Dungeon Master: Swoosh Construction Kit - A data extractor




"Oh, wow--that totally rocks!
Thanks a million. You've saved me an incredible amount of work."

Mon Ful Ir, Aug 29 2008

"So I checked out the XSLT converter and my goodness: this is an amazing piece of work!
It's fantastic that you can convert DUNGEON.DAT into XML because this info can be used by anyone now (well, anyone who knows how to use XML files).
Excellent work!"

Gambit, Feb 13 2008

"Greatstone's work looks interesting."
Paul Stevens, Feb 14, 2008

i'm gathering info enough to render complete dungeon viewport (DM snes style) in some ways: (i) using sck (swoosh construction kit) to extract viewport information. it includes decoder for "558 item", very excellent!
Kentaro, Mar 11 2007


Technical documentation - FTL file format

This section is devoted to the description of the FTL file format, supported by the sck tool. If the Encyclopedia site rewrites the "technical documentation" part to easily add more descriptions, perhaps this section will be included in it.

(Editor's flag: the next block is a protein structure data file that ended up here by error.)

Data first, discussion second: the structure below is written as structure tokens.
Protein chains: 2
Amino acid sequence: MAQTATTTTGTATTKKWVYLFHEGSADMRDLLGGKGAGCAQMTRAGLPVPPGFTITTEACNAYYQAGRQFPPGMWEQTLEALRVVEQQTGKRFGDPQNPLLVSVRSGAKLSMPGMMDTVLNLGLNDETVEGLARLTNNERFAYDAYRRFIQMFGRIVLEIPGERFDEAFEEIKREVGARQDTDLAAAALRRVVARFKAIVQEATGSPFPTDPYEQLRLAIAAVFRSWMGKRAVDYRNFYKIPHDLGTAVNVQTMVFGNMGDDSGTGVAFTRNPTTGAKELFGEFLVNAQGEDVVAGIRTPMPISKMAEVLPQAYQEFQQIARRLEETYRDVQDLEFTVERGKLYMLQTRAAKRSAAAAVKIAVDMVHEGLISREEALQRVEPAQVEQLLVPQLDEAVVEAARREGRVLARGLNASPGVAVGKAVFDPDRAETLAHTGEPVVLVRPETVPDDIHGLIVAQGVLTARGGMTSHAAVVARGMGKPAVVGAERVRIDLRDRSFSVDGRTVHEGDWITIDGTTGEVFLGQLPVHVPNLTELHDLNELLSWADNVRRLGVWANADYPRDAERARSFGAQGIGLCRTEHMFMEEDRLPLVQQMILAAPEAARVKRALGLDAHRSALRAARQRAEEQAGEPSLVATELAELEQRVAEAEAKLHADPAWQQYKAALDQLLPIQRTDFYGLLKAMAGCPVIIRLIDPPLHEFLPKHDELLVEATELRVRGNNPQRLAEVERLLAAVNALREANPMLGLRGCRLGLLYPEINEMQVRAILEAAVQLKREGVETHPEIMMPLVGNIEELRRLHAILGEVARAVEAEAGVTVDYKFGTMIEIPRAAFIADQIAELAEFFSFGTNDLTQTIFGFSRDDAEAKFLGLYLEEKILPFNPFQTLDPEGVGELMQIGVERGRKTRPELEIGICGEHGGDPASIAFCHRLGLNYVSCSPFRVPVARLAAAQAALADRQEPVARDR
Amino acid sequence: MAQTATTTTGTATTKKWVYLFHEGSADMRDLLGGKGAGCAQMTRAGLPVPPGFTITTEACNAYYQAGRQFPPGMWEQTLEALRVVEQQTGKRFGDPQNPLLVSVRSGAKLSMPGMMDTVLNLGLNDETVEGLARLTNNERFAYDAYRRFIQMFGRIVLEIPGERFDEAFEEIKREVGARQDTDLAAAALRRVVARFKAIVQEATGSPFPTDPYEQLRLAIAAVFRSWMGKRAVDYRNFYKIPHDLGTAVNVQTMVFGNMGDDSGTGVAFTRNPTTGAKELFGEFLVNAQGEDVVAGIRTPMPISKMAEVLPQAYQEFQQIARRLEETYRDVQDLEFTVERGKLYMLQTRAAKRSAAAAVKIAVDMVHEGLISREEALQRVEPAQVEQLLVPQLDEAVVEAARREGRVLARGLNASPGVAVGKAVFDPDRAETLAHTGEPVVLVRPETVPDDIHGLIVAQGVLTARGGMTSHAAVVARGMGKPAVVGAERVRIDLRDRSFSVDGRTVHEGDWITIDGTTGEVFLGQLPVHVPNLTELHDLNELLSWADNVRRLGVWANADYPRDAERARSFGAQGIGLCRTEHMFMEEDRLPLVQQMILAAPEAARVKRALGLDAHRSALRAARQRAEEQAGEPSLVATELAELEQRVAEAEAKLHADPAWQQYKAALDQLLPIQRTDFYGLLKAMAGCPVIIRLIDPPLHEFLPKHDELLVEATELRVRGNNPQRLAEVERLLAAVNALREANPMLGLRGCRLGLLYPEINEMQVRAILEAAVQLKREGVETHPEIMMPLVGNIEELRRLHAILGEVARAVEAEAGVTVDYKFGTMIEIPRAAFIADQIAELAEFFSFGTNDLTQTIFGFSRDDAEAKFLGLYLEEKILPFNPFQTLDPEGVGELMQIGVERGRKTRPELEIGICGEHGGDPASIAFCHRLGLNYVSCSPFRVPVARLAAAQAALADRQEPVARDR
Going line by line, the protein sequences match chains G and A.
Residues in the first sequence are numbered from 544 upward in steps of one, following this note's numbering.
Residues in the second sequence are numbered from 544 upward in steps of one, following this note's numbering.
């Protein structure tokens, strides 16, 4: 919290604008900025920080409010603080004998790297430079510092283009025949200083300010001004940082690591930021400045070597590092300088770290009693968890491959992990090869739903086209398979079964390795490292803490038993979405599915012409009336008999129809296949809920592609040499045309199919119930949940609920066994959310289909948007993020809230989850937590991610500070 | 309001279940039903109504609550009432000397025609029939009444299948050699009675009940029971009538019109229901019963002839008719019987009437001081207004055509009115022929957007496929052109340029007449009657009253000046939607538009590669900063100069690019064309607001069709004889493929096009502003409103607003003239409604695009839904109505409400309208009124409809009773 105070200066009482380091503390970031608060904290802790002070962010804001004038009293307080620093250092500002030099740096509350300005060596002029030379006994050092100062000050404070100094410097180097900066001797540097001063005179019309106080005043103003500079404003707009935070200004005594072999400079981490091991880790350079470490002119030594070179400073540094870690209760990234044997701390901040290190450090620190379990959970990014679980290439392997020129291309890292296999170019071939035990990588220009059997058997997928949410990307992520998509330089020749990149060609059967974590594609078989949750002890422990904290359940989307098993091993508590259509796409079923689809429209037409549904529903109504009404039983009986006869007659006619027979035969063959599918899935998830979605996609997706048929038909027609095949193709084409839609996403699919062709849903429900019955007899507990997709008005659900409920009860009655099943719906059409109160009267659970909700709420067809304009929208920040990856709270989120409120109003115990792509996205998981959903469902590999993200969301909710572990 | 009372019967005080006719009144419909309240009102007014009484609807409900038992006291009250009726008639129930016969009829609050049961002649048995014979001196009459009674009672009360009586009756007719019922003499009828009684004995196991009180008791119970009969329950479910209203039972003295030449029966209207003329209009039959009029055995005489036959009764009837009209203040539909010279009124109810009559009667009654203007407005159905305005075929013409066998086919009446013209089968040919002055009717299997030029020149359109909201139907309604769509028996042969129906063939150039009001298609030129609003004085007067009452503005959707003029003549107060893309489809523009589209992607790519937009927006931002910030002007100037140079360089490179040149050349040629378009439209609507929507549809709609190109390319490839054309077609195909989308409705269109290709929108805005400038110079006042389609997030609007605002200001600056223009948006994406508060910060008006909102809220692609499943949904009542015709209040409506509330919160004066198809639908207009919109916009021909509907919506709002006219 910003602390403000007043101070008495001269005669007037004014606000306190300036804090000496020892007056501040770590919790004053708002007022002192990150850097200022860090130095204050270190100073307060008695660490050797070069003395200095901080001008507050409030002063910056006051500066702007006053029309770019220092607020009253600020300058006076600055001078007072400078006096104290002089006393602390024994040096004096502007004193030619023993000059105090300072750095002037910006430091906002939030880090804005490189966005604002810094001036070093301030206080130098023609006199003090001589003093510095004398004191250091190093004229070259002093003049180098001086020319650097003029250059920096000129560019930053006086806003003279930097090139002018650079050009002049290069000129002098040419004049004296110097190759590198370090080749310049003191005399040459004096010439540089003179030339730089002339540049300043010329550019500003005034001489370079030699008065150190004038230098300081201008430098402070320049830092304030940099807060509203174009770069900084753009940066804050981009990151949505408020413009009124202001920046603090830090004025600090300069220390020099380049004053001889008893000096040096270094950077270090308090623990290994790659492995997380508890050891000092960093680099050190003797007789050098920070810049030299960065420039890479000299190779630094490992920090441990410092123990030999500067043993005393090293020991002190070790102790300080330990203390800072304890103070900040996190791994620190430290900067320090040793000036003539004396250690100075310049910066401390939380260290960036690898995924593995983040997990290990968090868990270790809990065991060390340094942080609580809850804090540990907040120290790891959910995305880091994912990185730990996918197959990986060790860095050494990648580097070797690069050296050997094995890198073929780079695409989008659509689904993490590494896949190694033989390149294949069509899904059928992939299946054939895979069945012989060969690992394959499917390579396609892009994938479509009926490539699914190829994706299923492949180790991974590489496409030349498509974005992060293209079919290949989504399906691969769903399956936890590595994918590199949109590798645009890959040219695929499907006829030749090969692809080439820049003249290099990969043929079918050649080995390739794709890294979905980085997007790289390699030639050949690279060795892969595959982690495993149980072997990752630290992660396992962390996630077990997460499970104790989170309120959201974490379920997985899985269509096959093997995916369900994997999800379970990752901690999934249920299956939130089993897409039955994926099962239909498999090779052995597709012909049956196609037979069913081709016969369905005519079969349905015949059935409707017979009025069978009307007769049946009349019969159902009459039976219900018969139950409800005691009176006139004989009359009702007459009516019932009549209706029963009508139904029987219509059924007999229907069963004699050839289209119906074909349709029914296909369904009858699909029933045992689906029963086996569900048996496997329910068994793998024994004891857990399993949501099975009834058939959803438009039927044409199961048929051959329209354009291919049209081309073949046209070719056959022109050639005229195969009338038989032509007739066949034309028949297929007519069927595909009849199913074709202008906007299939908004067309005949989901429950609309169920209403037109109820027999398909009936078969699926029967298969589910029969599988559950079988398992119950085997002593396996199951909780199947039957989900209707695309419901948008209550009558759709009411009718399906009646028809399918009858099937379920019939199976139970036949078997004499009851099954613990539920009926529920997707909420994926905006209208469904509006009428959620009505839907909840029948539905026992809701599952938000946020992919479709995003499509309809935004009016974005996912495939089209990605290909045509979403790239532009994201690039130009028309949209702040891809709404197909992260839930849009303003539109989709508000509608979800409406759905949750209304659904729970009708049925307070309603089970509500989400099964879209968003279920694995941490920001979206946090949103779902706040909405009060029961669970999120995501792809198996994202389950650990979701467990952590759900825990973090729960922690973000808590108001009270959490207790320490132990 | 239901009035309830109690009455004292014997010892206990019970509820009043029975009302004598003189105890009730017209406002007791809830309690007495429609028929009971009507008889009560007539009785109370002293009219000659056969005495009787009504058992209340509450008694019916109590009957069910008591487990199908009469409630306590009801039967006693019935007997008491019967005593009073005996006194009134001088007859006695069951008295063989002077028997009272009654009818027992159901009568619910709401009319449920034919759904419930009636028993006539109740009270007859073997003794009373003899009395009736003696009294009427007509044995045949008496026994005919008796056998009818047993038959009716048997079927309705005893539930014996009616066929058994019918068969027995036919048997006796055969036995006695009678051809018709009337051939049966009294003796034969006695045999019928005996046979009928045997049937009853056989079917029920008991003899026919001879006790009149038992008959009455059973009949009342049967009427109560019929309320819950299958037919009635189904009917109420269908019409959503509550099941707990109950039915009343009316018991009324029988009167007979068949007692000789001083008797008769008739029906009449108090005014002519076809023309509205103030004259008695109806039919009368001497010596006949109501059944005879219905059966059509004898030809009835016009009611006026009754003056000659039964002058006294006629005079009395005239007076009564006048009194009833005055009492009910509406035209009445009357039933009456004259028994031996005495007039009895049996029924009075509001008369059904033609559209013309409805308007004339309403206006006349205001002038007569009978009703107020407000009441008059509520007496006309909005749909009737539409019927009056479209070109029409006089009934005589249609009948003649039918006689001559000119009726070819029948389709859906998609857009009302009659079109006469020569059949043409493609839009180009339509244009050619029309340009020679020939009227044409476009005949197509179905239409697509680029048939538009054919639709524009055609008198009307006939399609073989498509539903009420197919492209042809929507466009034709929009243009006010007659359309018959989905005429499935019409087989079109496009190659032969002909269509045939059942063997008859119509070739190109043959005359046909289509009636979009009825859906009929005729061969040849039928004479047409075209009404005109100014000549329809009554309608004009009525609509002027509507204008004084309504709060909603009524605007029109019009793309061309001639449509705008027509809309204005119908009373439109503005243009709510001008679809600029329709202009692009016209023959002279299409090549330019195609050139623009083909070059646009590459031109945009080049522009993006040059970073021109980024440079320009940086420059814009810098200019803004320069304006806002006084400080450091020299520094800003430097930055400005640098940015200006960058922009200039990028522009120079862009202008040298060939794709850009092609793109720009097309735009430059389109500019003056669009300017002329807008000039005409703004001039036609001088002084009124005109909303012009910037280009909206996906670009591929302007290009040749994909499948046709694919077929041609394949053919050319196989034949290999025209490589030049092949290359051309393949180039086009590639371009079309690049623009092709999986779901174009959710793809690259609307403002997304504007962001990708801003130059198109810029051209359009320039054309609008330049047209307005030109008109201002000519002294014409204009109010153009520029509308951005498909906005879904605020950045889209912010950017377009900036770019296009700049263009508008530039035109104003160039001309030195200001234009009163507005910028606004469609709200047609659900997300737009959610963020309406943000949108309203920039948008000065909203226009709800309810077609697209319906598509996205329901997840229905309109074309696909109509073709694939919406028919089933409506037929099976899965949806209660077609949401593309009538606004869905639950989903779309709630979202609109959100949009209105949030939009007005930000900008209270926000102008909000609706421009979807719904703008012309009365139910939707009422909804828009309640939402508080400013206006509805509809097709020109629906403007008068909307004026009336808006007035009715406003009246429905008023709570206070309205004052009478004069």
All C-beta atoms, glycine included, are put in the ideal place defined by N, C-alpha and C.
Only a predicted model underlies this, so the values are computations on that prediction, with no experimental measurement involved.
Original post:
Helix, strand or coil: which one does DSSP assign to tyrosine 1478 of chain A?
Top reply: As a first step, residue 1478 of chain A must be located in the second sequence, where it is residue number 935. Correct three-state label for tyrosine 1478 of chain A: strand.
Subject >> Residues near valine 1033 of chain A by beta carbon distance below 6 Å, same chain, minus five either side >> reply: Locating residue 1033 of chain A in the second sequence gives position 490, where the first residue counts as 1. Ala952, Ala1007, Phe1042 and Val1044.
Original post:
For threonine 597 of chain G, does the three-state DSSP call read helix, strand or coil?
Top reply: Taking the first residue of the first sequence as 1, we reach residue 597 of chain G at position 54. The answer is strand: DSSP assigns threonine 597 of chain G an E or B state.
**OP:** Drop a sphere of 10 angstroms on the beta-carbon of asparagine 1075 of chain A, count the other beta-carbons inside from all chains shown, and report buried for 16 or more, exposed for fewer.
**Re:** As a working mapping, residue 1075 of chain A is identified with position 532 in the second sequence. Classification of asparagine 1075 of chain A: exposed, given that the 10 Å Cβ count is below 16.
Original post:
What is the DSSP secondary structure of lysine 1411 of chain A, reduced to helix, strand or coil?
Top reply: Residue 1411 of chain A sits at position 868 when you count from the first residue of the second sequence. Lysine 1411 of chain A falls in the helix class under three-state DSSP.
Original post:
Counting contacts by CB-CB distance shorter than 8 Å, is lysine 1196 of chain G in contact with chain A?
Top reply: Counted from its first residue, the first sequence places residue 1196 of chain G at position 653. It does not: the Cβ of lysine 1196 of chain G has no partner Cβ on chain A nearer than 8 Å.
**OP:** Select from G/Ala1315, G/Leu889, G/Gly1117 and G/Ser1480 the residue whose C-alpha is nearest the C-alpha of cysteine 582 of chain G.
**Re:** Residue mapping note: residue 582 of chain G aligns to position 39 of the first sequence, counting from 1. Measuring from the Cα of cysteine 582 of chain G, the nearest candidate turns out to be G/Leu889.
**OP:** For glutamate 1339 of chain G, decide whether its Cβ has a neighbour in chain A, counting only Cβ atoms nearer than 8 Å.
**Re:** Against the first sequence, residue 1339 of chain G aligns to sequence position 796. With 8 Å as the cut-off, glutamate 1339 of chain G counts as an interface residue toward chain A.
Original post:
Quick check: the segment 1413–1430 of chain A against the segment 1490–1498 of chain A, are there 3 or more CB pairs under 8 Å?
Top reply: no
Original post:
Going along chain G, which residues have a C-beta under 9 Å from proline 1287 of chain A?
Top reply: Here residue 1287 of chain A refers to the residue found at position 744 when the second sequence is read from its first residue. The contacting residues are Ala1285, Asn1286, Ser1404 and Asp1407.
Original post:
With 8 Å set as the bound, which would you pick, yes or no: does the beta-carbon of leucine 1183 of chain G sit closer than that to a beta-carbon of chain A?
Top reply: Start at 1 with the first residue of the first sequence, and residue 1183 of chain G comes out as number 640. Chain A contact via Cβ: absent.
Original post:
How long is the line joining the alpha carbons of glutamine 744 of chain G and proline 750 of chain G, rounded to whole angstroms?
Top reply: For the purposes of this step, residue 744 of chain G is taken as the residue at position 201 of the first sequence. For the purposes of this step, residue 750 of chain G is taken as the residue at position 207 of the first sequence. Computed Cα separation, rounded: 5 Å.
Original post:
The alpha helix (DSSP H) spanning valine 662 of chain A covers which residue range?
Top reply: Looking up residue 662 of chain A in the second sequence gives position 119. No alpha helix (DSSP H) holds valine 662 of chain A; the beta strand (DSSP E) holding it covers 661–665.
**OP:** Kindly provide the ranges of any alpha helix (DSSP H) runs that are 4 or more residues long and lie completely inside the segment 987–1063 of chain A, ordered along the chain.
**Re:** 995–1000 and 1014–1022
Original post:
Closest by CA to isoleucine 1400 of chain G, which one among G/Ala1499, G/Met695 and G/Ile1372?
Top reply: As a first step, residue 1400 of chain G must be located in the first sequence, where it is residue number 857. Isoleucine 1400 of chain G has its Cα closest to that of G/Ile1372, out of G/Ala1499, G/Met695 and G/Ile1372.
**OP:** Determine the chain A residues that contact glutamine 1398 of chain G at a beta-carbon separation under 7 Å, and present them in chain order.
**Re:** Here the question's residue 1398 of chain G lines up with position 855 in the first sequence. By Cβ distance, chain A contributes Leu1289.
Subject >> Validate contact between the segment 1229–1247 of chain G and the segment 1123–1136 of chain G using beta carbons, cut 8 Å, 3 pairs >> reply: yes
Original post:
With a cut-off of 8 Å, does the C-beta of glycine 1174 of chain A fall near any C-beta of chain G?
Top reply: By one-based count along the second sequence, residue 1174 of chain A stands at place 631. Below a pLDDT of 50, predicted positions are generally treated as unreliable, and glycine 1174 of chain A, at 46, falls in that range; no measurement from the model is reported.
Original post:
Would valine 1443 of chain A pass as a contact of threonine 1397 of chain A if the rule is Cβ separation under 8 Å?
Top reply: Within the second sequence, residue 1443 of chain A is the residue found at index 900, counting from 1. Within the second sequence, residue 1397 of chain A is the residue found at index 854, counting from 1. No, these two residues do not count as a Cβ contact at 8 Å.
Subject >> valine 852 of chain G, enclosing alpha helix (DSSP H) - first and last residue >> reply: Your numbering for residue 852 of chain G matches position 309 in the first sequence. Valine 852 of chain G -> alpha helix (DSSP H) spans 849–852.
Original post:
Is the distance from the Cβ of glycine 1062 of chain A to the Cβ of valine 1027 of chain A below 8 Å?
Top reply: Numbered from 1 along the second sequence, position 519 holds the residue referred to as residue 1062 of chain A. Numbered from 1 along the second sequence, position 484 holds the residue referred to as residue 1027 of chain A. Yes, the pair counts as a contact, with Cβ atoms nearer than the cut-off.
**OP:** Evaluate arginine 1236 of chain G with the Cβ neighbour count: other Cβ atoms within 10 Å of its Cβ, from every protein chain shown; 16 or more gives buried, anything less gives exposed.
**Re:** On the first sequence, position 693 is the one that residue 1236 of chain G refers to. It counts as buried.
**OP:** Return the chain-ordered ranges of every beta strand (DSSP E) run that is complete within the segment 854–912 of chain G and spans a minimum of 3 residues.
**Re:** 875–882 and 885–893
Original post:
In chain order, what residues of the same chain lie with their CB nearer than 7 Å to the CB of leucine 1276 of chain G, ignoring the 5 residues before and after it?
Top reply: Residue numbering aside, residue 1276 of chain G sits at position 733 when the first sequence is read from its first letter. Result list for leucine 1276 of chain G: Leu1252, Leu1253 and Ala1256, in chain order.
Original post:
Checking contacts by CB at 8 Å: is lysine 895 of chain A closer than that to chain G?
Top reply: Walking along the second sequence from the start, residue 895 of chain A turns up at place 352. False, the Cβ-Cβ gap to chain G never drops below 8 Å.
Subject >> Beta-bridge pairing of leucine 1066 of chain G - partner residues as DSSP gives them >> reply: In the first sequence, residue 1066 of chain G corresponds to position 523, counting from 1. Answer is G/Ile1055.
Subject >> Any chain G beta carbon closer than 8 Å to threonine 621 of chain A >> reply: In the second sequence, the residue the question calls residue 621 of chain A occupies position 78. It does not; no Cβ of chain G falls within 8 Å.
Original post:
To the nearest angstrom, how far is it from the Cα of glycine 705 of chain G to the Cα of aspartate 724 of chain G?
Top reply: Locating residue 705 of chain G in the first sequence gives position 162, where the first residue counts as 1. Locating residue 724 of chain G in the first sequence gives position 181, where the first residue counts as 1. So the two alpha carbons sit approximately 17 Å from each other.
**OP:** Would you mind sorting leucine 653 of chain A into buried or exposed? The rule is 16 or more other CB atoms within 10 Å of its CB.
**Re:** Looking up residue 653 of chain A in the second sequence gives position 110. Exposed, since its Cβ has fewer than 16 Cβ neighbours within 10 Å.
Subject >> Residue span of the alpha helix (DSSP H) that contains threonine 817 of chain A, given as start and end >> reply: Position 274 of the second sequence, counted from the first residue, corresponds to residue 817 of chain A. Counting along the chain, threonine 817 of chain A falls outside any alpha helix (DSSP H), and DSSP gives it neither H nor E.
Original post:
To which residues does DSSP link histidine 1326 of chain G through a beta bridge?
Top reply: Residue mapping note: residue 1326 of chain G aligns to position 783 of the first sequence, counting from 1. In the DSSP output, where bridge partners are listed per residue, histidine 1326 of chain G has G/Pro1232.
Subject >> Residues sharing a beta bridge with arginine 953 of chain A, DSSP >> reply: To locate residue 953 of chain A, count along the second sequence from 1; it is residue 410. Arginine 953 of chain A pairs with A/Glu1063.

1.0 (26 May 2006): initial release.

Summary

These FTL files are frequently used in DM, CSB, DM2 (Amiga, X68000, SegaCD, MegaCD) games to store resources as:

  • logo animation (FTL swoosh),
  • language selection screen (english, french, german),
  • insert disk screen (blue disk),
  • error screens (damaged master disk, 1 megabyte required),
  • utility disk menu (introduction, champion editor, oracle hints),
  • main program.
The FTL format is a proprietary file format done by FTL and is based on the Amiga hunks, essential part of the Amiga executables.

Global structure:
  • common header
  • headers of all hunks
  • hunk 1
  • hunk 2
  • ...
At least 3 hunks are required:
  • HUNK_BSS (containing bss and jump data),
  • HUNK_DATA (containing the data as images, palettes, sounds, texts, animation, etc.),
  • HUNK_CODE (containing the code).
The uncompressed area 1 of the HUNK_DATA can be described by a mapfile and corresponding items can be extracted by the sck tool.

The following notation has been used:

0x1234hexadecimal word 1234
1011b1011 in binary, 11 in decimal
26:offset 26 in decimal
nibble4 bits
byte8 bits = 2 nibbles
word16 bits = 2 bytes
dword32 bits = 2 words

Structure

Common header (20 bytes):
00: 2 bytes: magic identifier (0x6160)
02: 1 word: this header checksum, called "common header checksum". see note 1 to know how to compute it.
04: 1 word: unknown